section Why automatic translation is realistic
First we should distinguish between automatic translation, simple word replacement and consulting a dictionary. Companies seem to market dictionary programs sometimes as "translators". A program which allows the user to get a dictionary entry for a word, with corresponding words, or "translations", in one's native language, can definitely be very useful; but it is definitely not a language translator. Similarly, a program which "translates" simply by replacing each word by its "equivalent" in another language should not be called a translator, although it can be useful for some purposes in special cases. What we mean by automatic translation here is a process which involves at least some minimal grammatical analysis of the source text and generation of corresponding text in the target language. The depth and quality of the process may vary a lot.
There is a large number of automatic translation software available. For a list of some of them, please refer to Information on Computer-Assisted Translation Software by the Oxford University Language Centre. A short document Do you have any information on automatic translation software? by LTG lists a few services especially for translating Web pages. See also Langenscheidts T1 Test Drive which demonstrates translation of German and Spanish (in plain text format) into English.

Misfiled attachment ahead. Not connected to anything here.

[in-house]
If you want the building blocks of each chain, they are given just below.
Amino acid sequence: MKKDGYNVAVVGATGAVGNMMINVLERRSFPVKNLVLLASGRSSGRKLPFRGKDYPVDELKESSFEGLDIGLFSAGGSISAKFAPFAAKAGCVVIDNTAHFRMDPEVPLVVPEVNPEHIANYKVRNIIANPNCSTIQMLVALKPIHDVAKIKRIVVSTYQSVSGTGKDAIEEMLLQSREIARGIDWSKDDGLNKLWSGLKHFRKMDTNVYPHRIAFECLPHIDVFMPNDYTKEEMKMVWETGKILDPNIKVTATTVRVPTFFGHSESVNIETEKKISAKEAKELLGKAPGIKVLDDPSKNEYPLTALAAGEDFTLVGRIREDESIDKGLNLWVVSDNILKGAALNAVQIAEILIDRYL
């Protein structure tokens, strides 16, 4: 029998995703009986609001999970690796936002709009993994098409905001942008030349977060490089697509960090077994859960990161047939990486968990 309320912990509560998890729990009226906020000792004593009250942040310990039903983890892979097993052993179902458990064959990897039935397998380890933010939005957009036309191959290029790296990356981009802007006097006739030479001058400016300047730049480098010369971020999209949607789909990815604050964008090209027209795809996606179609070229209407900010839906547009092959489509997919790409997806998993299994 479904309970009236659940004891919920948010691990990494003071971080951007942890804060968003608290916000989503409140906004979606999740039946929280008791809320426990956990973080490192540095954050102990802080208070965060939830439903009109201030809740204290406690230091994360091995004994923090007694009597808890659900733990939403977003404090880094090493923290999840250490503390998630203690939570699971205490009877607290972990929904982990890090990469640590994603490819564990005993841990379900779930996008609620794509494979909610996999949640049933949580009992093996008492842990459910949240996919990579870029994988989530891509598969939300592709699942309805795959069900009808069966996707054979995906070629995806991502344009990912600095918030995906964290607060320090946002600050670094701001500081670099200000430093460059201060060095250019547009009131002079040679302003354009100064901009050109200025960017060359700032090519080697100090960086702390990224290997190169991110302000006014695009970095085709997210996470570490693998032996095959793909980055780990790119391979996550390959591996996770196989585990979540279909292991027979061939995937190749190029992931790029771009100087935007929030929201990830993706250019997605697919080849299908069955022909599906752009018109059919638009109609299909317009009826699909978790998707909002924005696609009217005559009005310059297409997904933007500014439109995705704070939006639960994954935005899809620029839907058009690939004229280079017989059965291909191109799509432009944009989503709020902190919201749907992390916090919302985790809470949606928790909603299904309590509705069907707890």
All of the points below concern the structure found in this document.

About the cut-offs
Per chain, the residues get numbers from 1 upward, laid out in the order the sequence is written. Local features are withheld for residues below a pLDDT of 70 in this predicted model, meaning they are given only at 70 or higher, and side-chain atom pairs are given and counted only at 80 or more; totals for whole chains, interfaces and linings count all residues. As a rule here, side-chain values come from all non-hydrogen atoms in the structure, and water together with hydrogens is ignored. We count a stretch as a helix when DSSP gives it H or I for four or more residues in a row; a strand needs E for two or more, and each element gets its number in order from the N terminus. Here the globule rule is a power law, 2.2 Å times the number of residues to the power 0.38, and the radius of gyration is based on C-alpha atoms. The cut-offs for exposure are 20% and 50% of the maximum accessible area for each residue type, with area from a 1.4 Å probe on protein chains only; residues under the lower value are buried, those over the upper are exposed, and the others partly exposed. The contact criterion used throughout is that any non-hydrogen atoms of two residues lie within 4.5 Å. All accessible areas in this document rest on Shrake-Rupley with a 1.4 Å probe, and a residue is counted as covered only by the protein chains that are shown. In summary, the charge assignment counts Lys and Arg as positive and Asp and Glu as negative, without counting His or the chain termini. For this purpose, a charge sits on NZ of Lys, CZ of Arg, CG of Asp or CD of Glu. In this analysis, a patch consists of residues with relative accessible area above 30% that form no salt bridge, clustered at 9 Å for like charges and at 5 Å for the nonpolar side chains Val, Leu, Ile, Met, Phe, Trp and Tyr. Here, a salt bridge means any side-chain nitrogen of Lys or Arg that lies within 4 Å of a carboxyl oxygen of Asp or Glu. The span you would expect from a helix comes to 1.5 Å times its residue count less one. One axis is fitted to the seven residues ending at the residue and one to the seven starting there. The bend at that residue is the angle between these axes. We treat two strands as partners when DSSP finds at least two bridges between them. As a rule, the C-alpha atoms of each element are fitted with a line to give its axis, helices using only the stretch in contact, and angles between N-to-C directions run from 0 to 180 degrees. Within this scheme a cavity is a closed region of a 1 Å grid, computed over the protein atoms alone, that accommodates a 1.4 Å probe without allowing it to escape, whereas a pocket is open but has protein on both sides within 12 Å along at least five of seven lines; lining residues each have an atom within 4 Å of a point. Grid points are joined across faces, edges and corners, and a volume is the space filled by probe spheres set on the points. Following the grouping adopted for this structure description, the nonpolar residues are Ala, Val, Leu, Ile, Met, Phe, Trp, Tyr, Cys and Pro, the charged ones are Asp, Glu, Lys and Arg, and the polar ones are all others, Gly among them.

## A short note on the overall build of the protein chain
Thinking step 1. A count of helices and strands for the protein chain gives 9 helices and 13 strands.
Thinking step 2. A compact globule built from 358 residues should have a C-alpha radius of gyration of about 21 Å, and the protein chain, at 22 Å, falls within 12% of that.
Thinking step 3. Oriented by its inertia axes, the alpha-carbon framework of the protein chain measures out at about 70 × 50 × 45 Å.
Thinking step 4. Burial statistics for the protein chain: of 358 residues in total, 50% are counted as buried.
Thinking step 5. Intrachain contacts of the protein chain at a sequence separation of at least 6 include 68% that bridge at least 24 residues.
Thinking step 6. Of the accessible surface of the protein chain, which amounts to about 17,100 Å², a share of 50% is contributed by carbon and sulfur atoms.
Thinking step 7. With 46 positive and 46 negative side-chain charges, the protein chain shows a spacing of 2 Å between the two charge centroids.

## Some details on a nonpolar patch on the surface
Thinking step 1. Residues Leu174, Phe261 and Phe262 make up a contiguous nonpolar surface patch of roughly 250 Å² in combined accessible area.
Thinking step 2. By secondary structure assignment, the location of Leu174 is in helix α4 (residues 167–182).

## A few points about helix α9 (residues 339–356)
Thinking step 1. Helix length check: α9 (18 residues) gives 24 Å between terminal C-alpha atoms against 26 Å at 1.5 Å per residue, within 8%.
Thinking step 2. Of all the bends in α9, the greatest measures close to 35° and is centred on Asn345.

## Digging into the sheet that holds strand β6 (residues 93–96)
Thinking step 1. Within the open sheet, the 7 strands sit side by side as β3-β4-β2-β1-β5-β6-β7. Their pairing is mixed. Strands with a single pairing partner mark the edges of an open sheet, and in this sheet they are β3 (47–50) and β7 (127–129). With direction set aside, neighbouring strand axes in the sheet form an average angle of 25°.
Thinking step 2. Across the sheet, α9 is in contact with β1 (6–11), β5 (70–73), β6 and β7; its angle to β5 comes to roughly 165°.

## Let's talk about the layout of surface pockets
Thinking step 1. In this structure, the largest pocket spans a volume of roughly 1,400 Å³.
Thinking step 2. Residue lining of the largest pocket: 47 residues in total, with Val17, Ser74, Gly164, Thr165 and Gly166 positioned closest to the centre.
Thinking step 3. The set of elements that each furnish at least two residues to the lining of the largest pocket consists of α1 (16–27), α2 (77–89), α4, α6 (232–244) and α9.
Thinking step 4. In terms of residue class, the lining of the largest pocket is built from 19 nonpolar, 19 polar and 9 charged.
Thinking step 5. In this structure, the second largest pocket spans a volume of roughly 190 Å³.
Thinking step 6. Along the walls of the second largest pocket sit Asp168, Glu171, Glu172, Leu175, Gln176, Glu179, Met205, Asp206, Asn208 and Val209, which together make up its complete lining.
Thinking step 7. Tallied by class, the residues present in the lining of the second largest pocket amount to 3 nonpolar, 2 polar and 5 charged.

It is very easy to see that automatic translation does not (currently) work well for poetry, for example. It is a cheap amusement to use a tool for something it is not intended for and laugh at the result. Babelfish takes a good attitude on this; its Translation Tips urge people to try that, too:
Idioms and slang -- phrases like "the whole nine yards" or "what's up, Doc?" in American English -- are notoriously hard to translate well, particularly when the computer doesn't know the context of the phrase. Try a few for some good laughs.
Cheap Entertainment, Part 2
Remember the old game Gossip -- where one person whispers something to the next person, then the second to the third, and so on, then everyone has a good laugh about what comes out at the end? Try that with translations. Just start with one languages, then translate that to another, then another, then another, then back to the original.
After such good laughs, perhaps people are willing to consider what else the software can do, and how it performs in the areas it was designed for.
Next subsection: Examples